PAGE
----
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In many ways, for certain applications and use cases, cloud computing has become as ubiquitous as the internet itself. The cloud is a means of linking people and organizations regardless of the physical locations or conventional temporal constraints that have typically separated them.

Largely due to its infrastructure advantages, remote accessibility and pay-per-usage pricing model, the cloud has spawned a number of different areas of innovation, opportunities, and newfound concerns—particularly in the wake of escalating regulatory demands for the storage and deployment of data.

“We have an opportunity which is global,” noted StaffConnect CEO Bulent Osman about the cloud’s applicability. “It goes across geographical boundaries: not just cities and states, but also internationally. Everything we’re talking about in terms of analytics becomes more interesting because now you have a global dimension, an international dimension, a cultural dimension.”

The global applicability of the cloud’s effect on modern organizations has produced a number of novel possibilities that must be navigated according to the equally novel concerns facilitated by the cloud.

“I think the trend in and of itself is the evolution towards the cloud,” Hyland Director of Global Cloud Services Marc Cianciolo reflected. “It’s an evolution towards organizations recognizing the value associated with outsourcing the management of that infrastructure. Also, [it’s] the ability to…provide organizations a single platform where they can access multiple different repositories.”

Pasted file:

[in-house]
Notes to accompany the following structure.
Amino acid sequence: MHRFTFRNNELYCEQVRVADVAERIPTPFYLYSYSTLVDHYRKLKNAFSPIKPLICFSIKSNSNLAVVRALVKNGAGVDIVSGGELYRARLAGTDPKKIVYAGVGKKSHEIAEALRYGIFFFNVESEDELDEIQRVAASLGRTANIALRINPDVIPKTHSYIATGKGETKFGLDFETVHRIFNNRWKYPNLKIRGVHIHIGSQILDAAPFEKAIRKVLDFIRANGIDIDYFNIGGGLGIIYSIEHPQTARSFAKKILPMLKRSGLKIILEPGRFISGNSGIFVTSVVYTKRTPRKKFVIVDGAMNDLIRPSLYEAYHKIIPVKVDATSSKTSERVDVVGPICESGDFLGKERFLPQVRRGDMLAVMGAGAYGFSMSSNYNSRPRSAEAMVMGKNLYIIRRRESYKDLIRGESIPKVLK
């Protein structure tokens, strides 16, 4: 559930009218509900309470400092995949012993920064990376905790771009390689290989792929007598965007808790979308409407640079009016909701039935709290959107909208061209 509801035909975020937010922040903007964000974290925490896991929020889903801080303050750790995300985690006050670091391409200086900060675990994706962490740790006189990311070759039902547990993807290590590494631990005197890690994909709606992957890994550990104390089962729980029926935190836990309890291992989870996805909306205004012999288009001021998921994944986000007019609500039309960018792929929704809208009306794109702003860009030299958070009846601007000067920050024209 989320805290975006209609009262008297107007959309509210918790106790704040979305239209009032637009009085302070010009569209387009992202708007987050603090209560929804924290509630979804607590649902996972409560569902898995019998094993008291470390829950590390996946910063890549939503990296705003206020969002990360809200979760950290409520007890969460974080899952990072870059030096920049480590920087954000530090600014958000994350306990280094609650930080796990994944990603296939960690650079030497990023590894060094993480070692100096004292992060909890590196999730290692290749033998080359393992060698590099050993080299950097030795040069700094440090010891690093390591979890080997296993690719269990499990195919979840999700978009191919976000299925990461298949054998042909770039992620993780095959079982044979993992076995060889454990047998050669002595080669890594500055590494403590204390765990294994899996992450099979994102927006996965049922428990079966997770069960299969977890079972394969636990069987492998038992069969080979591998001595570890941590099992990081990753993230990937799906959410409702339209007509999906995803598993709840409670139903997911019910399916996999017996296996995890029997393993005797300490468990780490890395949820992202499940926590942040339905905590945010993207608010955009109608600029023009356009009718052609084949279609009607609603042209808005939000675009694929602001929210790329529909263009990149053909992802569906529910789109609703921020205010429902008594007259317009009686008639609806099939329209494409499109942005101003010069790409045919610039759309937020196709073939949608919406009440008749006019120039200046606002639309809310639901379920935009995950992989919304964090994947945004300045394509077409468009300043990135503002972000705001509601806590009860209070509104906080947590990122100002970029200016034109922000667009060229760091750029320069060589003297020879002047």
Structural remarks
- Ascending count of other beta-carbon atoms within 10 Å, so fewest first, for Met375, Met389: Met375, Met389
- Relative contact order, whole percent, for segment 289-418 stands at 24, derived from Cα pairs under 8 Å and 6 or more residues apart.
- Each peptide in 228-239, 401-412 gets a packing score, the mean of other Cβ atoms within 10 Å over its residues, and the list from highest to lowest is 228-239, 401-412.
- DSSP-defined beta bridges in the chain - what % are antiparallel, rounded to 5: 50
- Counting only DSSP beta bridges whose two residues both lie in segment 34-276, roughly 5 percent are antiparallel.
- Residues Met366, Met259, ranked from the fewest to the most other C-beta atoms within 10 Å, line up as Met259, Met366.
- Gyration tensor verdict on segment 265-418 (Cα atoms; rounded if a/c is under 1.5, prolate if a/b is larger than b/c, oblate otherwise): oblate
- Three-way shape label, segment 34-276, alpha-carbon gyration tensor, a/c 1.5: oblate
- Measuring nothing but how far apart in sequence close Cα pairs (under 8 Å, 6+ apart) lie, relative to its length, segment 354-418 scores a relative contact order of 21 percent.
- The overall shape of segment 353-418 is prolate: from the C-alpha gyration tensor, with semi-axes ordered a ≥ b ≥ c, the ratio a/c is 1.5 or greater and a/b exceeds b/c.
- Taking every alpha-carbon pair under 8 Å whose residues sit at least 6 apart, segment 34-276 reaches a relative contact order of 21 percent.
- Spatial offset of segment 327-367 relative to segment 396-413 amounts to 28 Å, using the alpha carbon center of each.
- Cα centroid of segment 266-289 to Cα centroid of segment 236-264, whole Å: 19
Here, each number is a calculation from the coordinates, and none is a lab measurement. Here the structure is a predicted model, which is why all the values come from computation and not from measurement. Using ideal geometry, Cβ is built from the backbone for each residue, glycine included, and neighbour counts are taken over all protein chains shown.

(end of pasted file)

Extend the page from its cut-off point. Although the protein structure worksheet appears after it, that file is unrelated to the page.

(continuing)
Cost Benefits

The cardinal cost advantage of the cloud is in simply connecting to the physical infrastructure hosted by the cloud provider instead of paying for that infrastructure itself—which is intrinsically related to the pay-per-usage pricing model. Oftentimes, this approach results in “many of the cost advantages associated with leveraging a third party for the hosting, and doing so via an operating expense rather than through the large capital expenses that are required for bringing maybe aging infrastructure current,” Cianciolo mentioned. Whereas the latter involves significant upfront expenditures to get started, the cloud offers a pricing paradigm that’s “a monthly operating expense” Cianciolo said, which is frequently much less cost prohibitive than the alternative.

Resource Optimization

Another cost saving opportunity endowed by the cloud pertains to optimizing resources. According to Osman: “For the CIOs and the heads of technology, their biggest challenge today is how to leverage the value that they’ve already invested into all of their non-desk employees.” Certain engagement platforms existing in the cloud and accessed via mobile applications (as well as desktops) can be placed atop technology stacks to democratize access to resources such as Microsoft’s BI services—for which users pay licensing fees. By leveraging those tools across cloud-based employee engagement platforms, organizations can use “a set of APIs and connectors to plug in elements of the Microsoft stack, elements of Sharepoint, BI or whatever it happens to be, and therefore it becomes a holistic solution,” Osman said. The result is accessibility to far more workers than those for which licenses were explicitly purchased. For global organizations such as a large international car rental company mentioned by Osman, with approximately 2,000 desk employees and 28,000 non-desk employees, the cost advantages are considerable.

Data Sovereignty